EU open to prolonged digital tax talks to avoid trade war
The European Union may delay digital tax proposals to give countries move time to hammer out a deal and avert a transatlantic trade war, a top official from the bloc said.
The European Commission had previously said it would table a proposal for digital taxation at the end of 2020 in the event of a failure of international talks hosted by the OECD. But disruption from the coronavirus and objections from the U.S. have delayed the process, making agreement before U.S. elections in November very unlikely, the commission’s director general for tax, Benjamin Angel, told a European Parliament hearing Monday.
“The difficult question that we must face collectively is when is the right moment to move with Plan B,” Angel said. “We will have to accept that the OECD process is not moving as quickly as we hoped while doing our best to support it.”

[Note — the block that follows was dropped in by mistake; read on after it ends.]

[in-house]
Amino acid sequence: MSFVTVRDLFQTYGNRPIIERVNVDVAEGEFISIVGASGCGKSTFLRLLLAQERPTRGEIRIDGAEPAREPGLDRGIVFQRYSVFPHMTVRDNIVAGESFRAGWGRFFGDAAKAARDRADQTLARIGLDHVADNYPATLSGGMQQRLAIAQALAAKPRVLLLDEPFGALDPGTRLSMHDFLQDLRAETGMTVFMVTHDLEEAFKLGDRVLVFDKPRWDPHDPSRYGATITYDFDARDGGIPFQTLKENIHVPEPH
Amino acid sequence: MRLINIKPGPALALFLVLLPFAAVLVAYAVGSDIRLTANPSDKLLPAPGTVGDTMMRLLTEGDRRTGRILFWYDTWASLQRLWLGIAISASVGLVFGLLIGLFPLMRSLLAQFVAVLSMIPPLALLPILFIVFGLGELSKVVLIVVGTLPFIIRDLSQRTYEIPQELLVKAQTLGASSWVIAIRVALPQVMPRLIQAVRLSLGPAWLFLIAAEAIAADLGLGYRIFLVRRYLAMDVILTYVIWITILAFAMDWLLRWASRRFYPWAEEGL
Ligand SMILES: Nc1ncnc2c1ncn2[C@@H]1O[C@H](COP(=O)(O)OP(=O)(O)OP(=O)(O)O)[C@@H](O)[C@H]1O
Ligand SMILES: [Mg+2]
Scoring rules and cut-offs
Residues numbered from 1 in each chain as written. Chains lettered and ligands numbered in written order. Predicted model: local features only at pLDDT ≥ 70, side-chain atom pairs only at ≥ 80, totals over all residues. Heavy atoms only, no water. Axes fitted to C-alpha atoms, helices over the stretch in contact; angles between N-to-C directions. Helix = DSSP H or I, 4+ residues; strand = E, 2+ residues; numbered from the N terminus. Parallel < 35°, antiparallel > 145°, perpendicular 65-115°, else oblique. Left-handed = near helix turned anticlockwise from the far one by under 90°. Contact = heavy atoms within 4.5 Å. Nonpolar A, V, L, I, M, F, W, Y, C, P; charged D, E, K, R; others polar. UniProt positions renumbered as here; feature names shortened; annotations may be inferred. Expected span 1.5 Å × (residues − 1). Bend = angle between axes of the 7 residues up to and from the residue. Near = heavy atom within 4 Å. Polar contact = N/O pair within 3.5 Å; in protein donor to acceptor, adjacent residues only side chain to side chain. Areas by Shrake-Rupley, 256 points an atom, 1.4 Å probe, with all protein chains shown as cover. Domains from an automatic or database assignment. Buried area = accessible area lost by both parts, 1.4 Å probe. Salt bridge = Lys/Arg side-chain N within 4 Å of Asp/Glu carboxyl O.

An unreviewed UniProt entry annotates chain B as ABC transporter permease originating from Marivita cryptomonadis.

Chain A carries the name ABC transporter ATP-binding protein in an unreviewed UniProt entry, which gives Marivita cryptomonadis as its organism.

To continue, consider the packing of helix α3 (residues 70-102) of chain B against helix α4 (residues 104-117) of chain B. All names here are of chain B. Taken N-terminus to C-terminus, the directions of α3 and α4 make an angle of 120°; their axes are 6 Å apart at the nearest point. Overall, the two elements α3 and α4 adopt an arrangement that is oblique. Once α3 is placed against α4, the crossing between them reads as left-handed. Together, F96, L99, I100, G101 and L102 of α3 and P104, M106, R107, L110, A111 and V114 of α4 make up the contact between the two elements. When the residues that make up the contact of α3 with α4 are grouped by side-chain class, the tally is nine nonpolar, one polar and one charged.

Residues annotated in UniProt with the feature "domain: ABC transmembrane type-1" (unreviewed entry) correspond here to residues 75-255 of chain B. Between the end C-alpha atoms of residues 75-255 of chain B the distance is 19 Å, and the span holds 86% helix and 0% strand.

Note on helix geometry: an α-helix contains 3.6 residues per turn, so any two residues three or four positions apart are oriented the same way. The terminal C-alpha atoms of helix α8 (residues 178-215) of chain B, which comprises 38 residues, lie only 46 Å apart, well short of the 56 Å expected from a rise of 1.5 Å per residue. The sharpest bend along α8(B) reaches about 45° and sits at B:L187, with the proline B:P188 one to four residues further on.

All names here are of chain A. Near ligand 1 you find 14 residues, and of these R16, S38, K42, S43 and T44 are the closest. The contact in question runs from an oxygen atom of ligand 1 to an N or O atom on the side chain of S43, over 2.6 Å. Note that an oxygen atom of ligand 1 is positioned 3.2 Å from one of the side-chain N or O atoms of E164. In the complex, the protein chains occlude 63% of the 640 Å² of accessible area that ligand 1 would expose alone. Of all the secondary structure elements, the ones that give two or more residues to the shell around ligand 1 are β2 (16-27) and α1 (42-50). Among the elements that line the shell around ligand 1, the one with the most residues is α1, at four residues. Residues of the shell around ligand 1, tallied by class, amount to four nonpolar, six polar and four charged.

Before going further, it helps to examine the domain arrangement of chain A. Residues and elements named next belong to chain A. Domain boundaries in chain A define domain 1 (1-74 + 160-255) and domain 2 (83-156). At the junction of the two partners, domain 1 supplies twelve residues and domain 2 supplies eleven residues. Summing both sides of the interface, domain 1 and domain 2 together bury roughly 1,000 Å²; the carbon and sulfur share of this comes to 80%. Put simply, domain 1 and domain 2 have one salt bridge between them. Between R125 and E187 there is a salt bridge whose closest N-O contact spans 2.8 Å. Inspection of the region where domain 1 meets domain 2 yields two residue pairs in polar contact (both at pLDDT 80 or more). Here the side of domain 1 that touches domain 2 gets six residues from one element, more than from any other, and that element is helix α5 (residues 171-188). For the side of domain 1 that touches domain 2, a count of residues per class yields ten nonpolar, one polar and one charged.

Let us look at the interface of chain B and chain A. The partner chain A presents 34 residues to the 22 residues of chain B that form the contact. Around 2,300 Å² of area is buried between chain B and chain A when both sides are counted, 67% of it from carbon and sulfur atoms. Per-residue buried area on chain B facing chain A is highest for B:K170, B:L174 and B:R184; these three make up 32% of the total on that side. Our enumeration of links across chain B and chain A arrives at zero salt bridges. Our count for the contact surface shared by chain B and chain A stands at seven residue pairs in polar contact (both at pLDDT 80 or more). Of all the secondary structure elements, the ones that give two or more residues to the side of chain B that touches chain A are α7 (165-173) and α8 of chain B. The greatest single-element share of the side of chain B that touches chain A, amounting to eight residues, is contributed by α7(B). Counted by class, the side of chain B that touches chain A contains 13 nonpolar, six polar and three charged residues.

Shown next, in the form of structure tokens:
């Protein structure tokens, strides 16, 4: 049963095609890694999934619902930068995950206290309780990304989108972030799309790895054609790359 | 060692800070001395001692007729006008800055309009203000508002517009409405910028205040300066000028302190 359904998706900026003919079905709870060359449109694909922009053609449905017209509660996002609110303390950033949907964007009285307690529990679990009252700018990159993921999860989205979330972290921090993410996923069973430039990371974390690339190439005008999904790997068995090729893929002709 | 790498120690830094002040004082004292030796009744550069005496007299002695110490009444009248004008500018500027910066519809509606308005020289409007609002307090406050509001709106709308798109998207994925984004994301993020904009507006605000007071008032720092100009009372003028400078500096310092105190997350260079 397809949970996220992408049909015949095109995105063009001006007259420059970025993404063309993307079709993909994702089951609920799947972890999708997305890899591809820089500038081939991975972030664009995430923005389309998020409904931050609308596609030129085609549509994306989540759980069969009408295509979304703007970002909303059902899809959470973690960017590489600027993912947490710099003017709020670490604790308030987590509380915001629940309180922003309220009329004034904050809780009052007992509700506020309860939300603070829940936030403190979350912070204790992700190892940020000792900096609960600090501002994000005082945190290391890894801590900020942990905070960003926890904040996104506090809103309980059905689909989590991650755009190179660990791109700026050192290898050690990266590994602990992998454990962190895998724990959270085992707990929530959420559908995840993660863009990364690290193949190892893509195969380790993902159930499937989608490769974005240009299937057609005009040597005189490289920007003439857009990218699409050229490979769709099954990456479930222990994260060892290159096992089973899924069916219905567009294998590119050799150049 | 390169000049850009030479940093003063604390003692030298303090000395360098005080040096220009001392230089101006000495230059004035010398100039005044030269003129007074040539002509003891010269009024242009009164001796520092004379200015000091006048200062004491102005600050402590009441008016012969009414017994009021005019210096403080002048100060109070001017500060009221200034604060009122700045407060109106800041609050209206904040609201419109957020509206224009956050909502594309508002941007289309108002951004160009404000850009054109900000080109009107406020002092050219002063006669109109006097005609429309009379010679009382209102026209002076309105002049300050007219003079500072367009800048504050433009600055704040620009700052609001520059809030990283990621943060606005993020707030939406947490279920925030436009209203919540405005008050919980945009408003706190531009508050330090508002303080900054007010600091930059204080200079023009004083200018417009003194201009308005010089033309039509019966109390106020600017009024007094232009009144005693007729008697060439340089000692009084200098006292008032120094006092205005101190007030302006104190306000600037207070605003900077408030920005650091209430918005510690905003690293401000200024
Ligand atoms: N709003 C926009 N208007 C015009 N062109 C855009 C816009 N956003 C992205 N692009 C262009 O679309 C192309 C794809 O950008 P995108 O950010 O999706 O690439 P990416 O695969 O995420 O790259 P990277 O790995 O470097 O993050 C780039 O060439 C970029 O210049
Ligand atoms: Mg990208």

An easing of the EU threat may relieve some of the pressure on the tense negotiations. The U.S. last week announced 25% tariffs on a series of French goods worth about $1.3 billion in response to France’s national digital tax.
The U.S. levies will only be implemented in 180 days as France has temporarily suspended collecting its tax until the end of the year. That effectively puts all sides of the conflict in a holding pattern until after the U.S. ballot.
Speaking at the same hearing as Angel, the OECD’s director for tax policy, Pascal Saint-Amans, said that the election may not change the dynamics of the talks as both Democrats and Republicans have indicated objections to digital taxes. In the U.S., it’s seen as an attack on American companies, while in Europe it is seen as an attempt to get a fair share of tax, he said.
“There is literally a problem of reciprocal understanding that doesn’t make things easier,” Saint-Amans said.